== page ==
Healthy habits for healthier expats

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The next time you see a one-baht coin on the ground and you think to yourself that it is not worth the effort to bend down to pick it up, make the effort! It will make you healthier. That was one of the messages from PCEC member Roger Fox when he spoke at the Sunday, March 23 meeting of the Pattaya City Expats Club on the topic of “Healthy Habits for Healthier Expats.”

Roger is a retired Army Helicopter Instructor Pilot. He holds a Bachelors degree in Aeronautics and a Masters degree in Theology. He has taught school to various ages in a variety of venues including the Teaching English as a Foreign Language (TEFL) course here in Pattaya. He is a father of four and a gramps of nine.

Member Roger Fox spoke at the Sunday, March 23 meeting of the Pattaya City Expats Club, on the topic of “Healthy Habits for Healthier Expats.”Member Roger Fox spoke at the Sunday, March 23 meeting of the Pattaya City Expats Club, on the topic of “Healthy Habits for Healthier Expats.”

Life expectancy today for the average American male is 78 years of age Roger said; but since he had already reached 70, his life expectancy today is projected to 83. “Whichever way you look at it, 90% of my life is history,” he said. “So naturally I am eager that for my remaining years I should remain as healthy as possible.”

Roger pointed out that the information he was presenting is what he thinks people need to do to be healthy. He emphasised that he was not a doctor and was not prescribing anything. He encouraged people to do their own research. He explained that he personally is a reluctant visitor to a doctor’s office or hospital, and that he distrusts most manufactured drugs. Roger said that the best defence against sickness is a healthy body. In his talk, Roger identified and described six habits to better health.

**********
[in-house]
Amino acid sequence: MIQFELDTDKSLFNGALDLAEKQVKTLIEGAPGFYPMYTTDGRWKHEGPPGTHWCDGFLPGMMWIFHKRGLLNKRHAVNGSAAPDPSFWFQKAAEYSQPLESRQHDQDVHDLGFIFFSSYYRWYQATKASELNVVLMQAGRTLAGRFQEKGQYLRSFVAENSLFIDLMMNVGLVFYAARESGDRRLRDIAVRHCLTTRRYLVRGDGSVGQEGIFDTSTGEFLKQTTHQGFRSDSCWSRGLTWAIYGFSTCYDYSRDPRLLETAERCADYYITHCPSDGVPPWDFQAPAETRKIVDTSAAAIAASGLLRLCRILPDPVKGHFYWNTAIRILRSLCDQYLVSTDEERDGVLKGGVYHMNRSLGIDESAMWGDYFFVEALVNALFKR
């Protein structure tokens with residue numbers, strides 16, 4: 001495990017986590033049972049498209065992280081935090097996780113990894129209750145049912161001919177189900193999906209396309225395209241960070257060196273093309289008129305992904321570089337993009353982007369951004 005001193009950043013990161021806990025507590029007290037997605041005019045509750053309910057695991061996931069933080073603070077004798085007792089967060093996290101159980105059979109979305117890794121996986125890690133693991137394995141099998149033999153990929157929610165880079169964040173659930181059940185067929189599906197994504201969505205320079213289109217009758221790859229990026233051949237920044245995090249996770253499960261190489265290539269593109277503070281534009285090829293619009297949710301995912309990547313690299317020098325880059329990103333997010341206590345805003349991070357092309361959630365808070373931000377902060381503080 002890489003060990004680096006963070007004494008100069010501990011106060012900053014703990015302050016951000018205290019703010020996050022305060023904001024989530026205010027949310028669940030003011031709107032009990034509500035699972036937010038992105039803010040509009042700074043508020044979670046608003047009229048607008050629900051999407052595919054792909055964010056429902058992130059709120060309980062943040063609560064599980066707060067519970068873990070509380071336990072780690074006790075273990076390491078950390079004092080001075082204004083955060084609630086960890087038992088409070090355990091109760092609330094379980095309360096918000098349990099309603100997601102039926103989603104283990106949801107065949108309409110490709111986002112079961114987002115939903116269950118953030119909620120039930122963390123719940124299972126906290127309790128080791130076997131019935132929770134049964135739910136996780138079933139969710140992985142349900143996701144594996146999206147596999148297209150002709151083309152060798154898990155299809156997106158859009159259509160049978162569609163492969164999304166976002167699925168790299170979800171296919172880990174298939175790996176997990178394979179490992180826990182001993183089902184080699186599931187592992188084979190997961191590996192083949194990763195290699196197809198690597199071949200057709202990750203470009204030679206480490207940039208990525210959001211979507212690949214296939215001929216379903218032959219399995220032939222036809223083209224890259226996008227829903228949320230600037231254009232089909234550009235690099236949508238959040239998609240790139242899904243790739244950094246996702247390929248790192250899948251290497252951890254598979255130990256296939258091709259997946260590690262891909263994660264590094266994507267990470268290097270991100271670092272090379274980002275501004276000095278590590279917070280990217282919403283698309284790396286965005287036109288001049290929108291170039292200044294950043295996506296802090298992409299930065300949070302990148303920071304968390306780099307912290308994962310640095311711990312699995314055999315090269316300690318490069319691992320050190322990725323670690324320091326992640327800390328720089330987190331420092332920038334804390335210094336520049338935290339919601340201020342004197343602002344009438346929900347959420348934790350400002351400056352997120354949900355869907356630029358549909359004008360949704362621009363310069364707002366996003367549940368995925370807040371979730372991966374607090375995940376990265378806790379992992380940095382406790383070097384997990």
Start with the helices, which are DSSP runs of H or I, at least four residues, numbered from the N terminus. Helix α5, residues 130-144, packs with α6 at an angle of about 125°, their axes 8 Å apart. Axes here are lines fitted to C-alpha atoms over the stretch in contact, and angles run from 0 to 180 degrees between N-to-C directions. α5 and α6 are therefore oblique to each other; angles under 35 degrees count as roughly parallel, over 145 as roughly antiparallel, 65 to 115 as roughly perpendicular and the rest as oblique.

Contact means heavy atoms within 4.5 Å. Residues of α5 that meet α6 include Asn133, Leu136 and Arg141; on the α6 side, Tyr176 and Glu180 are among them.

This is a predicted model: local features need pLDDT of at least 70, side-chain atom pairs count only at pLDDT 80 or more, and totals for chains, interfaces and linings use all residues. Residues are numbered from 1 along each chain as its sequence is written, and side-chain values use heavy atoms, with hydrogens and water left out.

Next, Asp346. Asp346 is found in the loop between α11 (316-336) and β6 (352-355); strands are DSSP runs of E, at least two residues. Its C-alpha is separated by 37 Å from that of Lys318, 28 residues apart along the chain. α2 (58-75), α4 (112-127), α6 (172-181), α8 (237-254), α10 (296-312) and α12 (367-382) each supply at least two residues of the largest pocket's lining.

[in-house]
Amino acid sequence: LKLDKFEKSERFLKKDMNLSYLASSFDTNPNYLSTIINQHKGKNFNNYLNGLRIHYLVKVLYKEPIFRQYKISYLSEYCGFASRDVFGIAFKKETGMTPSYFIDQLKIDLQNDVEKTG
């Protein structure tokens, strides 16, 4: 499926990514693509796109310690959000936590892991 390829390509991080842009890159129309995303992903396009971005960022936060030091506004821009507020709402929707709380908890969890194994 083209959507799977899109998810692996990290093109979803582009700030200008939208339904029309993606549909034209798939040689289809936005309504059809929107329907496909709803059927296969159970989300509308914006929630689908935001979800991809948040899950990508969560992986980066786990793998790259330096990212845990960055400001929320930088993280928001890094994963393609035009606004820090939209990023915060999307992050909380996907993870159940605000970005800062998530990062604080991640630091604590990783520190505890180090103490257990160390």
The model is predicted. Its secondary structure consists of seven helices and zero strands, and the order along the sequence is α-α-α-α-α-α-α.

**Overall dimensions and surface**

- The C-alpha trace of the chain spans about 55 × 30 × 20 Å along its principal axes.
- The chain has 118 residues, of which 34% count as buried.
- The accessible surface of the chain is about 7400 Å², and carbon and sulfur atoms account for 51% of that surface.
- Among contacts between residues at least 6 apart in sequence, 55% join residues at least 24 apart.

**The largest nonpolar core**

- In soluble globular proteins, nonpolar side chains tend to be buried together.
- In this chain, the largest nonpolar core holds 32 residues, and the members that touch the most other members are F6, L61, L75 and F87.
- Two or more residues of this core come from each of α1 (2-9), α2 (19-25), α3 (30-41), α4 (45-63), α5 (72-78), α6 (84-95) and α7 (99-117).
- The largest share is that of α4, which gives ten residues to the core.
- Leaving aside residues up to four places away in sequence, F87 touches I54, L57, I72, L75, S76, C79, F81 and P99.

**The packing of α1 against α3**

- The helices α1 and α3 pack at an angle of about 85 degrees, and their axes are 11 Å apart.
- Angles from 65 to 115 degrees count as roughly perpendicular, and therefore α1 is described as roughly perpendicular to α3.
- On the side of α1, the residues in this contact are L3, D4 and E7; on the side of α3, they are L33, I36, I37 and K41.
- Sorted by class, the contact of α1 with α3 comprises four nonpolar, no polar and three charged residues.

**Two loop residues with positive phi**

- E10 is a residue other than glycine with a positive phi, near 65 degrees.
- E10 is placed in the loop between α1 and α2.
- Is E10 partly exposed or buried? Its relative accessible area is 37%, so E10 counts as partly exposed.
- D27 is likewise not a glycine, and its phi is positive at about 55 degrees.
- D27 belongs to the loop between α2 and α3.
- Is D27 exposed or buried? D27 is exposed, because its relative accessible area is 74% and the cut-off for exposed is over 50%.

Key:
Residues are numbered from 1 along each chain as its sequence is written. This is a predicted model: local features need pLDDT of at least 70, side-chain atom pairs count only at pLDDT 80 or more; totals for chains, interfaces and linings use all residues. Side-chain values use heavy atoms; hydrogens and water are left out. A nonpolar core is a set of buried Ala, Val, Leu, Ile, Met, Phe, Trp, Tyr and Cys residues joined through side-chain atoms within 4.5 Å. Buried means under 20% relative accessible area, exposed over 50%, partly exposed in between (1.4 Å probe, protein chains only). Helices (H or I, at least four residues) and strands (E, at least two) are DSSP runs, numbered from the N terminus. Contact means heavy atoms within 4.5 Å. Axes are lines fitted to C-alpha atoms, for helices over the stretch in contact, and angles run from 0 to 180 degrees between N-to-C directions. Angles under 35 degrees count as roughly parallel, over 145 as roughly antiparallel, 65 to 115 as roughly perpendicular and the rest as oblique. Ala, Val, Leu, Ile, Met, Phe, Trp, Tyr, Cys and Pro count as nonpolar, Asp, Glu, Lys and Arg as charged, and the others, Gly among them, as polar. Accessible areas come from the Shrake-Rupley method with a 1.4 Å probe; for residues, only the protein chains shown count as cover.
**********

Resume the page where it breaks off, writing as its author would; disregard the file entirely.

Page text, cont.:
The first is to drink lots of water as it is even more important than food. Roger further said a person can live 30 days without food, but only seven days without water. Also, it is estimated that 50% of the world population is dehydrated (for Americans it is 75%) and that dehydration is the leading cause of daytime fatigue. Roger said that water is the best liquid because other liquids can be diuretic (i.e. can increase the amount of urine you excrete). He then described the benefits to the body of drinking water.

How much water or other liquids do we need to consume each day? The (U.S.) Institute of Medicine says that men need 3.0 litres (about 13 cups) a day, and women 2.2 litres (about 9 cups). Consuming that much water (or other beverages) every day is not as easy as it sounds, Roger said. He suggested that people drink some water when they get up and then make a habit of sipping water throughout the day. One way to do this is carry a water bottle with you wherever you go.

The second healthy habit is to eat lots of fruit because it is generally high in fibre, provides enzymes lacking in other foods, lowers cholesterol levels and precludes you from eating unhealthy sweets. Further, fruit should be eaten at the beginning of a meal rather than at the end. The natural sugars in fruits are preferable to refined sugar, he added.